Abstract #210

Section: Transgenesis
Session: Transgenesis
Format: Poster
Location: Rio Exhibit Hall B
# 210
K.-L. Lee*1, S. R. Lee2, A-N. Ha1, S.-H. Song1, M.-D. Joo1, M. M. R. Chowdhury1, L. Xu1, I. Khan1, J.-I. Jin1, Z. Wang2,4, I.-K. Kong1,3, 1Department of Animal Science, Division of Applied Life Science (BK21 Plus), Gyeongsang National University, Jinju, Gyeongnam Province, Republic of Korea;, 2Department of Animal, Dairy, and Veterinary Sciences, Utah State University, Logan, UT, USA;, 3Institute of Agriculture and Life Science, Gyeongsang National University, Jinju, Gyeongnam Province, Republic of Korea;, 4Auratus Bio LLC, Canton, SD, USA.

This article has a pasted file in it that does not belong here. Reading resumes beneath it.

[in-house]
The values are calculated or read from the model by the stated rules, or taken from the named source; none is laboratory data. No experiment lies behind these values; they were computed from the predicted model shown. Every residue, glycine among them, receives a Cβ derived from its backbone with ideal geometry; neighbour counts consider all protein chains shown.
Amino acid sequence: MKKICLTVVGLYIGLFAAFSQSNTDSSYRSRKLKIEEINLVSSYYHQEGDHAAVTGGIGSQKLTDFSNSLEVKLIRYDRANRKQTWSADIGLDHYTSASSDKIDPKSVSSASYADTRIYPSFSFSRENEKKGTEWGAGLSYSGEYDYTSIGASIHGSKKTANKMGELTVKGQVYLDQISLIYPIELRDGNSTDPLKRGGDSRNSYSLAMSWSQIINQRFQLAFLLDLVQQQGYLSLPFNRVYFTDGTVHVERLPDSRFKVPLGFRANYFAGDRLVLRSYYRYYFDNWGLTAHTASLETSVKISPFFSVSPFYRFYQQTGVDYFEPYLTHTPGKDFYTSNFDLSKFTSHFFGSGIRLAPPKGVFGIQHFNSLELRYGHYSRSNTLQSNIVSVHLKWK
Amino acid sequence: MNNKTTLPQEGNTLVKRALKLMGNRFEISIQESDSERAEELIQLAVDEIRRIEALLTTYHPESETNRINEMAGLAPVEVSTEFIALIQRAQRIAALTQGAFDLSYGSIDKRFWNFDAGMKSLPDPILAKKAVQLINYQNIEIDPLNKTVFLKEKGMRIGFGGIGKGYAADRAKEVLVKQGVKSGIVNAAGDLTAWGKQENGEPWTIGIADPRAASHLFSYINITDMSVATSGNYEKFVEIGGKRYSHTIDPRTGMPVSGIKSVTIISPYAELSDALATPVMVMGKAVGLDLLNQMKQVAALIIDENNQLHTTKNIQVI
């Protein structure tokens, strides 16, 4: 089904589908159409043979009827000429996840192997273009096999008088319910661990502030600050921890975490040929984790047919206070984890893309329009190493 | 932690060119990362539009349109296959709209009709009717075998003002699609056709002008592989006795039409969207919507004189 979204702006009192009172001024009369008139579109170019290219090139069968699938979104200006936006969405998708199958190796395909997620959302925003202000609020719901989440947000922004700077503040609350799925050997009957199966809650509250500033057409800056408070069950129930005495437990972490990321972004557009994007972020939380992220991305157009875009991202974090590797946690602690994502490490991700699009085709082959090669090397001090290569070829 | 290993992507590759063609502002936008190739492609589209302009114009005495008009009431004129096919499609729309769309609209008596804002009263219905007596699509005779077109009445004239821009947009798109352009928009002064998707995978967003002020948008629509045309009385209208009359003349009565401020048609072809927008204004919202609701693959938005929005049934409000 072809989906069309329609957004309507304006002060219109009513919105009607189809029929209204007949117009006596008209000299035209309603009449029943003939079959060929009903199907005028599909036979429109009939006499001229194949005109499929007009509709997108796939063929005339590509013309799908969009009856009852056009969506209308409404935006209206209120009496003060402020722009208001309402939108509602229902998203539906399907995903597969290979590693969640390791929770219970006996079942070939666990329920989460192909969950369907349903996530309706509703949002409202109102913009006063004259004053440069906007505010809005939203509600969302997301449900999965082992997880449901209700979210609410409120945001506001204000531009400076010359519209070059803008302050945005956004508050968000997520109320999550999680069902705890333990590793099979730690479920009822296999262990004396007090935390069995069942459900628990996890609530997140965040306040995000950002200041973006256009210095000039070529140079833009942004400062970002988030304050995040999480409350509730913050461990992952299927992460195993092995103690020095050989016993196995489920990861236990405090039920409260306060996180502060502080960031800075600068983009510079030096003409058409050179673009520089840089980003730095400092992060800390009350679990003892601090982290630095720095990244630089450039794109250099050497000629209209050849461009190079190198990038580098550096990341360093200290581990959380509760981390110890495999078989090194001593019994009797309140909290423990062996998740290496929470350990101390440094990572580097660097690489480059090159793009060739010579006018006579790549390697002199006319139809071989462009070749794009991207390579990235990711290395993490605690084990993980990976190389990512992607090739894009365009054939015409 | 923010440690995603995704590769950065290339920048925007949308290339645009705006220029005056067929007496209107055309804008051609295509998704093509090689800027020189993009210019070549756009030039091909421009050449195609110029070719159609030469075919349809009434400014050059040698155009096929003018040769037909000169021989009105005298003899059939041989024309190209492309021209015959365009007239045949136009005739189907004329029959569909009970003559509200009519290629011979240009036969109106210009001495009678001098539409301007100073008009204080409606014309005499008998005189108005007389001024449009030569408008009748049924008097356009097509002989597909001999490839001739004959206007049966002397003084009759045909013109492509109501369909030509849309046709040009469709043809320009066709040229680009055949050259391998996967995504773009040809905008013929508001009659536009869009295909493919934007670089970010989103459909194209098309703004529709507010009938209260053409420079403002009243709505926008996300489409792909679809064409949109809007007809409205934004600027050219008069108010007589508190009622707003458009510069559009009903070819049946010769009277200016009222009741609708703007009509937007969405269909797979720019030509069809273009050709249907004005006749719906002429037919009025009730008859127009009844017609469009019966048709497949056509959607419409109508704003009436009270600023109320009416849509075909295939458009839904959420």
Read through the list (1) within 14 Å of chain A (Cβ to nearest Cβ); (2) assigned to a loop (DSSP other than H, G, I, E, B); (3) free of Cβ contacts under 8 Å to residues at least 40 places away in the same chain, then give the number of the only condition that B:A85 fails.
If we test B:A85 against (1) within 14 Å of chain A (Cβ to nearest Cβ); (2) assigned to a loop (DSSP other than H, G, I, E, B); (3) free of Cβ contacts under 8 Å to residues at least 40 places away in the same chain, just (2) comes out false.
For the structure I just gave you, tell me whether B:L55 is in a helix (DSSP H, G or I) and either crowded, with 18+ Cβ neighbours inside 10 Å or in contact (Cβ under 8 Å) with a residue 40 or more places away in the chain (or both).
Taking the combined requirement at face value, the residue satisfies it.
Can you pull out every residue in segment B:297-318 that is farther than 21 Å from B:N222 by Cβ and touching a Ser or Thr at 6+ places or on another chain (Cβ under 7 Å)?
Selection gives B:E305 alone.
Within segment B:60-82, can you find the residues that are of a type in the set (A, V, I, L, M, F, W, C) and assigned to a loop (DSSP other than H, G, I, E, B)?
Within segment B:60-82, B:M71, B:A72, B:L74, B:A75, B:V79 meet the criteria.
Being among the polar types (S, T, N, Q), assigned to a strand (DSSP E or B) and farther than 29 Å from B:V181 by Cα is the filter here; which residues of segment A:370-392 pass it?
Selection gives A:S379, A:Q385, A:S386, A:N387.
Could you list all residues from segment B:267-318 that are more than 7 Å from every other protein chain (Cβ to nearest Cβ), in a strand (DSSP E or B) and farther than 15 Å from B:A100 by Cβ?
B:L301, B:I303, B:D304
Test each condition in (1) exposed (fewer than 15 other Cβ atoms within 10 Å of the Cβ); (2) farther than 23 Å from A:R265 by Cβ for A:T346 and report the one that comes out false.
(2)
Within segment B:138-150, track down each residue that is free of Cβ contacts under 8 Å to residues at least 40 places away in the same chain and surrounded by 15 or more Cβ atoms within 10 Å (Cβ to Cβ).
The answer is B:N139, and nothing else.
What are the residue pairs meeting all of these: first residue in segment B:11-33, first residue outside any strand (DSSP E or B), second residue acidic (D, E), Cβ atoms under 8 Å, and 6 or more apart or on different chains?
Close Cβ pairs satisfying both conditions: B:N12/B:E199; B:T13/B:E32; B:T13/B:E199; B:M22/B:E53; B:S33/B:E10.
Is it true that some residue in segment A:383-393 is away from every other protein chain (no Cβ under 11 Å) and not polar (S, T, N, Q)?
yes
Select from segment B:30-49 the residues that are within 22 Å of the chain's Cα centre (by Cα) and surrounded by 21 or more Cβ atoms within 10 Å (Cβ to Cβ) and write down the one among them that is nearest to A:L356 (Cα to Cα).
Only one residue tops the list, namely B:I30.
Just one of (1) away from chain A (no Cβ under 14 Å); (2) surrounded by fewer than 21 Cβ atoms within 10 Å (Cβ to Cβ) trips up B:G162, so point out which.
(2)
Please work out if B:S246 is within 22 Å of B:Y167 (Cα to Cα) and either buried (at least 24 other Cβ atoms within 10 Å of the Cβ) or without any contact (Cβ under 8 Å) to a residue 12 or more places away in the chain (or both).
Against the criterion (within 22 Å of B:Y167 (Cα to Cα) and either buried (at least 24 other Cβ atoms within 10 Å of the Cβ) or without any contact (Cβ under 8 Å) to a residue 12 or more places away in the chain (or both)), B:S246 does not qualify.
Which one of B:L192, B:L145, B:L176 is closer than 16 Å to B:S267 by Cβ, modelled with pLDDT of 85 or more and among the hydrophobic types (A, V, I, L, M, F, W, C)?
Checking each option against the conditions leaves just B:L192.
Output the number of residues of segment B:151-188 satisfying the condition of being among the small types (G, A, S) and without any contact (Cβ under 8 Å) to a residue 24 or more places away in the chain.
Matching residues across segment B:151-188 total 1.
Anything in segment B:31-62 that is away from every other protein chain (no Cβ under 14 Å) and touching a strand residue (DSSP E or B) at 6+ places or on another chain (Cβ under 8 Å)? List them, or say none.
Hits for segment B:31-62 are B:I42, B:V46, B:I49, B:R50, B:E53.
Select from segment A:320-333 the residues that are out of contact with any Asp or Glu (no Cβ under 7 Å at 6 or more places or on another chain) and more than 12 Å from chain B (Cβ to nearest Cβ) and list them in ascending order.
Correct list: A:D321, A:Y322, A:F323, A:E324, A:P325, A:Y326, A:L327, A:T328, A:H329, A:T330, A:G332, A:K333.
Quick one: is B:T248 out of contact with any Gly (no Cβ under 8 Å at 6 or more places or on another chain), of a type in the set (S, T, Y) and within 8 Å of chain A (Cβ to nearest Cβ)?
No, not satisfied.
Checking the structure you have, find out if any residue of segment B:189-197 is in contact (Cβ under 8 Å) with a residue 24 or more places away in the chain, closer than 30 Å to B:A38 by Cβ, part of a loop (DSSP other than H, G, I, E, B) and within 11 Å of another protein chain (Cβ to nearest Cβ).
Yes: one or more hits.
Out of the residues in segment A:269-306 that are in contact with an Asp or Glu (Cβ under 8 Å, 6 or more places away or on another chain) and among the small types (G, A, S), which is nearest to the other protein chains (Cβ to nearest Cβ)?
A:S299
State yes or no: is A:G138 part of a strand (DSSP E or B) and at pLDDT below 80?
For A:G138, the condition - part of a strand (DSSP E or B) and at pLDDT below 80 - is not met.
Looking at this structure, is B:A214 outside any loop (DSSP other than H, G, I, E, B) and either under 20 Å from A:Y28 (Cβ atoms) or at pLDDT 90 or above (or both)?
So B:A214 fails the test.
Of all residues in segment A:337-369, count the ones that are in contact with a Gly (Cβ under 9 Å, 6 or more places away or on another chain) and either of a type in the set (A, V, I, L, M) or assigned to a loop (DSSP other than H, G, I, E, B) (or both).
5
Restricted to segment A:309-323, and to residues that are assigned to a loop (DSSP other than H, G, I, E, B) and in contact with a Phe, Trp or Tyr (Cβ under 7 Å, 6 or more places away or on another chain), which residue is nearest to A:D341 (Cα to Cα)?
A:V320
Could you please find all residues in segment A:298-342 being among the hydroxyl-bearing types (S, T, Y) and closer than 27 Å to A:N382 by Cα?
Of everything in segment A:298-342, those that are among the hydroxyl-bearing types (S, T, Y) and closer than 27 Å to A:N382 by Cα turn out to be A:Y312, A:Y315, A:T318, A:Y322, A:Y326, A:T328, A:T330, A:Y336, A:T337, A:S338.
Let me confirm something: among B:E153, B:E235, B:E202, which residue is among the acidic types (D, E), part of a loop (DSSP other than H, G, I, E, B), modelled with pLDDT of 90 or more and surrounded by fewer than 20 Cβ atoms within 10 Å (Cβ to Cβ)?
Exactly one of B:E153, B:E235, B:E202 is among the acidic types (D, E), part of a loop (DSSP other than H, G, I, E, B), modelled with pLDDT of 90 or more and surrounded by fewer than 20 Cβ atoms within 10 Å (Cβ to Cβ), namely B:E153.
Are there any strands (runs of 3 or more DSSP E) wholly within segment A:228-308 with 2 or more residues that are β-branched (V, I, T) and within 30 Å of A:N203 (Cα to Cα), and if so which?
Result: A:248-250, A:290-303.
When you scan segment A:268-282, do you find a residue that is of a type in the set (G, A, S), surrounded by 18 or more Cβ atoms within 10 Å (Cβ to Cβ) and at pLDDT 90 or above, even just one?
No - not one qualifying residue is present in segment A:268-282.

The domestic cat (Felis catus) is a useful animal model for biomedical research because it shares many devastating diseases with humans. For example, feline immunodeficiency virus-1 is structurally and functionally similar to human immunodeficiency virus-1 (HIV-1). In vitro, the replication of HIV-1 in cat cells is restricted by the feline APOBEC3H (fA3H) and APOBEC3CH (fA3CH). Accordingly, we hypothesised that cats could be used to study HIV-1 infection in humans if fA3H and fA3CH were knocked out. However, due to limited availability of genomic editing tools in the cat, genetic modification has not been widely reported in this species. Here, we show that the fA3H/fA3CH locus could be knocked out in cat using the CRISPR/Cas9 system. Taking advantage of the fact that the fA3H and fA3CH genes share their last four exons (exons 2–5 for fA3H and exons 5–8 for fA3CH), we PCR-amplified and analysed the partial sequence of fA3H and fA3CH and designed a single guide (sg) RNA targeting exon 3 of fA3H (exon 6 of fA3CH) to achieve double knockout of these 2 genes. After transfecting cells with a sgRNA/Cas9 expression DNA vector or co-transfecting the sgRNA along with Cas9 mRNA, which were prepared by in vitro transcription into cat embryonic fibroblast cells, in vitro gene-targeting analysis revealed that the CRISPR/Cas9 system could introduce indels with high efficiency: 23 and 41% of cat fibroblast cells were targeted in the fA3H/fA3CH locus when Cas9 was introduced in the DNA and mRNA forms, respectively. We chose to perform cytoplasmic microinjection injections 6 h post-IVF with 10 pL of injection solution containing 50 ng/µL for sgRNA and 100 ng/µL for Cas9 mRNA at a volume ratio of 1:1. We achieved a 95.5% embryo survival rate and a 22.9% blastocyst formation rate. High gene-targeting efficiency (62.5%, 15/24) from single blastocyst was achieved in targeting the fA3H/fA3CH locus by PCR-RFLP assay. We transferred 45 injected embryos to the uterine tubes of 4 pseudo-pregnant queens within 2 h of injection. Two of the recipients were determined to be pregnant by ultrasound on Day 30 after embryo transfer, and gave birth to 6 live kittens on Day 65. Genotyping analysis revealed that 2 kittens were successfully targeted in the fA3H/fA3CH locus: kitten 1 was biallelically targeted, whereas kitten 5 was monoallelically targeted. Sanger sequencing of the PCR products subcloned into TA cloning vectors showed that kitten 1 carried the same 1-nucleotide deletion on both alleles, and that kitten 5 also carried the same 1-nucleotide deletion monoallelically. Therefore, we conclude that the fA3H/fA3CH locus in the 2 kittens is specifically targeted by the CRISPR/Cas9 system. To our knowledge, this is the first report of successful site-specific genetic modification in the domestic cat achieved using the CRISPR/Cas9 system and the production of live fA3H/fA3CH double-knockout kittens to study the HIV-1 infected diseases.